Native American Studies


Yaqui Resistance and Survival
The Struggle for Land and Autonomy, 1821–1920
Evelyn Hu-DeHart

"An exemplary narrative political history of Yaqui-Mexican relations. It is a milestone in Mexican historiography, for we cannot fully understand the unique nature of the North and its place in Mexican history without a full explanation of relations with the major indigenous peoples of the region."—Mark Wasserman, Americas

Among Mexico's indigenous populations, the Yaqui Indians of Sonora have most successfully repelled threats to their identity, land, and community. Interested in explaining how the relatively "small" nation withstood four centuries of contact with white culture, Evelyn Hu-DeHirt focuses here on the Indians' response to shifting environmental pressures in the period 1820 to 1910—an increasingly violent, and ultimately decisive, chapter in their lives.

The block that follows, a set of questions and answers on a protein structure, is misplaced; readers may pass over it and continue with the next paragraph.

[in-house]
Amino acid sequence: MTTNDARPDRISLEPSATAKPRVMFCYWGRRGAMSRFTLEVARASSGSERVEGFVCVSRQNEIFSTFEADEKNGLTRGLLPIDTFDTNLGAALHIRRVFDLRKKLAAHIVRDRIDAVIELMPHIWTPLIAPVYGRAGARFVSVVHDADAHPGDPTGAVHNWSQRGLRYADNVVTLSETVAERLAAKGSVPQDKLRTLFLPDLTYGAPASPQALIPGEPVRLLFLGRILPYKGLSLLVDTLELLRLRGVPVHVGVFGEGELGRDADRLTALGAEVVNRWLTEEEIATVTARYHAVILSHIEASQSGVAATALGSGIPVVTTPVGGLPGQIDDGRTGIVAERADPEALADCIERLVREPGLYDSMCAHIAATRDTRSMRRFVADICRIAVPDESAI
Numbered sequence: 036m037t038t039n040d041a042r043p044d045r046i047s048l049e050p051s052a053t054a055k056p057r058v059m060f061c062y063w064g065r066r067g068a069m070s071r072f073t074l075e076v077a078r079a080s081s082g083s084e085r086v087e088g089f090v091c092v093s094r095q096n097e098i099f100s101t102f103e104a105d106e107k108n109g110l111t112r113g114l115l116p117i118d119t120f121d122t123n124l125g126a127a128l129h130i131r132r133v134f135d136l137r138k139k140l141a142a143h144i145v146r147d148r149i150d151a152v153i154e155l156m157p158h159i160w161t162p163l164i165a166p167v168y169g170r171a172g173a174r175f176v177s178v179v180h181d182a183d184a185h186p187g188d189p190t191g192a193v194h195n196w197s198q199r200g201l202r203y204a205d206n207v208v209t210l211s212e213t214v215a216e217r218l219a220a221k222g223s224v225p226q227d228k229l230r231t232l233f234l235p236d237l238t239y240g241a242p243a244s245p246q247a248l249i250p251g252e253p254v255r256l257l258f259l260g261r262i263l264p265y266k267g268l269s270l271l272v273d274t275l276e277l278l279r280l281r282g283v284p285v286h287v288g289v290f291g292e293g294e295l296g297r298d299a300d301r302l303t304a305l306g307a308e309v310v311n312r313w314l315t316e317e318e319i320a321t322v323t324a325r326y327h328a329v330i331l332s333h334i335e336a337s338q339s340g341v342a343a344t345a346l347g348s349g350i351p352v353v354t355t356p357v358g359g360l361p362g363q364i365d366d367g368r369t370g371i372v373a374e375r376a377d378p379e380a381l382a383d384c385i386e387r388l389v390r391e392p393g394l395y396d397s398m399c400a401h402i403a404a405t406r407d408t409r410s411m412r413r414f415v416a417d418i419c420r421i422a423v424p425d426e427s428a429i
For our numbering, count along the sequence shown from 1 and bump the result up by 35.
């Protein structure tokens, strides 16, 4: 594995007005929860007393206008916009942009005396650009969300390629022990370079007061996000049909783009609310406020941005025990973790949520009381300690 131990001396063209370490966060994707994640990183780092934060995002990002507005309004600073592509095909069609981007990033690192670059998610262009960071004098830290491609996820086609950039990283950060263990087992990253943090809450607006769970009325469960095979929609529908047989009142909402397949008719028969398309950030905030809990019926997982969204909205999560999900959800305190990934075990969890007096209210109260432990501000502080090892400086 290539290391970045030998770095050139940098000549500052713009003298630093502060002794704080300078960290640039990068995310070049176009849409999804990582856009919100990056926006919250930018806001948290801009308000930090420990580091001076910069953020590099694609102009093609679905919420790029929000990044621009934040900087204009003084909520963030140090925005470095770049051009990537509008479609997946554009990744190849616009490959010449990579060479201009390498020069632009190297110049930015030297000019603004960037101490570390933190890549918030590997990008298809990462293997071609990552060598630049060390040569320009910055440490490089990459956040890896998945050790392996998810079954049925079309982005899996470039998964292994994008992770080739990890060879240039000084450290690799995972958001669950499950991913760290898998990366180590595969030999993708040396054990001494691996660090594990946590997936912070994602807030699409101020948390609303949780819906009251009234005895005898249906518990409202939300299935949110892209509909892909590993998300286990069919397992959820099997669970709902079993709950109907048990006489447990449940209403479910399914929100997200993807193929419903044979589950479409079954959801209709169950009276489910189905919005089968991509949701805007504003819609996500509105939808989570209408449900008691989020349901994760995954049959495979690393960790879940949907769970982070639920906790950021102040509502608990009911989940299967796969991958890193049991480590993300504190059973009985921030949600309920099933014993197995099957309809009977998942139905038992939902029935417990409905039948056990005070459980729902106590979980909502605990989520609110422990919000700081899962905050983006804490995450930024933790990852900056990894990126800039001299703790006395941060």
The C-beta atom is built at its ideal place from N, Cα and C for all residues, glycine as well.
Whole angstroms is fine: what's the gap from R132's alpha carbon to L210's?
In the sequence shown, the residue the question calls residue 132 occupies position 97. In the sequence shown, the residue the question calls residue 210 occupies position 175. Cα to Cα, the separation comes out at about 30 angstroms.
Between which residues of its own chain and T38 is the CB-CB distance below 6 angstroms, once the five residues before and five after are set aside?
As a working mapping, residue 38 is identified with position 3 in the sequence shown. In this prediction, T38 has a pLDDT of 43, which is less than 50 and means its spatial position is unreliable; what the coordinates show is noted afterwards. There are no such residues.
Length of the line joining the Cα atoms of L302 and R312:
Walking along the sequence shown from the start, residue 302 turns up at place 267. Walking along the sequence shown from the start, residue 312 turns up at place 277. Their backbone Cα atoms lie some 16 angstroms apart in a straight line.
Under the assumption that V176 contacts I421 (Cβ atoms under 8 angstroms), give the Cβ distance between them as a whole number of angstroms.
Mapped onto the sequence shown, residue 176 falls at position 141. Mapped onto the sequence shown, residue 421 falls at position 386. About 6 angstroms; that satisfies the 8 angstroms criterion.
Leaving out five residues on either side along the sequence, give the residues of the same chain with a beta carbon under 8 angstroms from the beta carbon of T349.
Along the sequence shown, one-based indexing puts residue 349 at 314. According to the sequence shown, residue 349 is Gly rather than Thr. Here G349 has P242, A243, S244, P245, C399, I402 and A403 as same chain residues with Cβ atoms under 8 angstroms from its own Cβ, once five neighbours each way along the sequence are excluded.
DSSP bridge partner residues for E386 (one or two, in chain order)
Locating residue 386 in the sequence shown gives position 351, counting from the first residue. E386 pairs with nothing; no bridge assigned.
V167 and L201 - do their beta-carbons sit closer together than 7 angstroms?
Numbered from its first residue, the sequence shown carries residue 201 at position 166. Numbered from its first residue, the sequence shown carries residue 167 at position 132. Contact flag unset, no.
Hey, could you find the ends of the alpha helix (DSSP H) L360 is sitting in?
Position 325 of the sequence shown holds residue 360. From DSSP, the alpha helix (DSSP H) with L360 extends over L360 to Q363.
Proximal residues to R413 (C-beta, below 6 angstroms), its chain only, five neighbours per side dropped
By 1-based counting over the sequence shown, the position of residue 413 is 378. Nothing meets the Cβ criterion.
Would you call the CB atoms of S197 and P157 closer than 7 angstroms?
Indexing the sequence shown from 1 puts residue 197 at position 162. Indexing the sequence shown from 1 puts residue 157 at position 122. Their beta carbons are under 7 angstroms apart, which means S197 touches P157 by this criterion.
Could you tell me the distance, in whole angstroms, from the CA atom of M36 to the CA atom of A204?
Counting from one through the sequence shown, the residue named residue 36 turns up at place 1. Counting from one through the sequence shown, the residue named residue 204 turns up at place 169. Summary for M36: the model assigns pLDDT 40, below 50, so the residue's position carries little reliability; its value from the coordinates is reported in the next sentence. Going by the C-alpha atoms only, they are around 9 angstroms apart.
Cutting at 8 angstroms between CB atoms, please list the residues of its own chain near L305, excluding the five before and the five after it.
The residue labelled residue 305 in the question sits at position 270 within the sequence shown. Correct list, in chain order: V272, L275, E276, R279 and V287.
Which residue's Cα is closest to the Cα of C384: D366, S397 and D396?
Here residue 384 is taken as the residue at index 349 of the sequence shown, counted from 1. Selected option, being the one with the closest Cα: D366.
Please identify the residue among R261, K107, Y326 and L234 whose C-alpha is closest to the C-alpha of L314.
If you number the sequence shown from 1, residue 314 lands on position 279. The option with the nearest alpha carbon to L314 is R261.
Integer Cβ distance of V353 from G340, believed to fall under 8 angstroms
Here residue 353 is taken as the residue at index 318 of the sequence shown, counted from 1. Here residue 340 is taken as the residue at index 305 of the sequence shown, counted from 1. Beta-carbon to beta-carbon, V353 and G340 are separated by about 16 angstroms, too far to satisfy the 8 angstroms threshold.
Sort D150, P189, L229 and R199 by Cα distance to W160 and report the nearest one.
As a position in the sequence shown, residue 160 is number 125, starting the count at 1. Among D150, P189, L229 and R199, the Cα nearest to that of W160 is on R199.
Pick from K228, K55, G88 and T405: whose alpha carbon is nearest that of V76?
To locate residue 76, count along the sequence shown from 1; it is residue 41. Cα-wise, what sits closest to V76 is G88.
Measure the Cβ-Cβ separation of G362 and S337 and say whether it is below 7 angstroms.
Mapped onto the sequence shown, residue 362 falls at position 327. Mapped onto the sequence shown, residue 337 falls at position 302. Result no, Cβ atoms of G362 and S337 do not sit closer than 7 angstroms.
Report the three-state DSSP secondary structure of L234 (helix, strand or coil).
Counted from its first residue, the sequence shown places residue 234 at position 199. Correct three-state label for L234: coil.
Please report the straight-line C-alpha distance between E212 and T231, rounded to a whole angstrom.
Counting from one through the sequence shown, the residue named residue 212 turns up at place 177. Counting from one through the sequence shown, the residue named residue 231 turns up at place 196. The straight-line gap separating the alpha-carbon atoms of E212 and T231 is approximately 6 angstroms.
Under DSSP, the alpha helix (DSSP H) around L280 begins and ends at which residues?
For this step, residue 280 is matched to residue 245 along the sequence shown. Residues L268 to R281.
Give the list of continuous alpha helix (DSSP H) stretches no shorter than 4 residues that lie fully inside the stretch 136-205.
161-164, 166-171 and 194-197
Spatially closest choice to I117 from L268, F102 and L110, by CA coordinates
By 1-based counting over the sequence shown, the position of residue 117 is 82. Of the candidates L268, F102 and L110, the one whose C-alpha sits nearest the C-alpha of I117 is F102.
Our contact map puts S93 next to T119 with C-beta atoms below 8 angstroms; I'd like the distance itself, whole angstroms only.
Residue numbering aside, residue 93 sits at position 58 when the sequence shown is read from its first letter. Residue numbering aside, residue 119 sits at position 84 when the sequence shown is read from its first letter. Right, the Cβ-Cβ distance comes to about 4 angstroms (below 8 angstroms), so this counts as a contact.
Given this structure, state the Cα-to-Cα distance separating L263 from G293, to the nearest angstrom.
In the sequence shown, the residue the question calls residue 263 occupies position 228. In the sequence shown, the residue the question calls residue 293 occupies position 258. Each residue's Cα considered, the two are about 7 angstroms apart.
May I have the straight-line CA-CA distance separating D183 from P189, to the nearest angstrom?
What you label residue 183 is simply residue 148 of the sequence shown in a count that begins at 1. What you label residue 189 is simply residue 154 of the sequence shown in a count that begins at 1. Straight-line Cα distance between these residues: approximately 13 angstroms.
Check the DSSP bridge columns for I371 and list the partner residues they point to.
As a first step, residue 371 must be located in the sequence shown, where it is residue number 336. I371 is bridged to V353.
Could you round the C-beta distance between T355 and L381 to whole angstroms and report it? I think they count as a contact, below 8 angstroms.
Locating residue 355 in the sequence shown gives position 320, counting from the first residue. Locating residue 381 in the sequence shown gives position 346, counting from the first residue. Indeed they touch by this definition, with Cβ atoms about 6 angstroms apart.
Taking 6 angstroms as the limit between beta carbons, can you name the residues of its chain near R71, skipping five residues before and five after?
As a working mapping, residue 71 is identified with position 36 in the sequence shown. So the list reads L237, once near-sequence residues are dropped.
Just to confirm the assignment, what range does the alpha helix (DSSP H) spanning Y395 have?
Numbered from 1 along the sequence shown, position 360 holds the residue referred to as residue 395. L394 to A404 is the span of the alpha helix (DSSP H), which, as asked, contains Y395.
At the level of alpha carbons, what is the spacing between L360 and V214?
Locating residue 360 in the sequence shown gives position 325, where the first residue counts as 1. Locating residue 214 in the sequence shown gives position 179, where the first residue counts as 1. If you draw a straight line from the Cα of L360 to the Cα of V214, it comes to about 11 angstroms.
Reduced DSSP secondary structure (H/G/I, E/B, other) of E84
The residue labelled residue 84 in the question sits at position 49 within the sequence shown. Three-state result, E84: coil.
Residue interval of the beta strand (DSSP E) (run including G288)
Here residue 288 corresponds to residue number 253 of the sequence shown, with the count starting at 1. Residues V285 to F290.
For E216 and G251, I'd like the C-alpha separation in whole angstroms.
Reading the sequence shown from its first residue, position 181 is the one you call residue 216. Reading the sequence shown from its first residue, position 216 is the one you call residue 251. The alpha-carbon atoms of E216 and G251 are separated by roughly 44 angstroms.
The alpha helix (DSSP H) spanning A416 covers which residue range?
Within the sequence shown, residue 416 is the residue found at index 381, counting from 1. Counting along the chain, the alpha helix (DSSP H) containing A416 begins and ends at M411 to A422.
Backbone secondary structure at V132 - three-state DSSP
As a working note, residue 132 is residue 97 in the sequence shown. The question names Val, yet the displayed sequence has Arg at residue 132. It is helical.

Evelyn Hu-DeHart is Associate Professor of History at Washington University. She has contributed studies of Mexican history to a variety of scholarly journals and is the author of Missionaries, Miners, and Indians: History of Spanish Contact with the Yacqui Indians of Northwestern New Spain, 15331820.

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the cover of Yaqui Resistance and Survival is dark maroon, with orange lettering, and a jagged white line running across horizontally..

June 1984  

LC: 83-040265 F
312 pp. 6 x 9 
12 illus., 2 maps
ISBN-13: 978-0-299-09660-1

The cloth edition of this title is now out of print.


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Updated July 13, 2009

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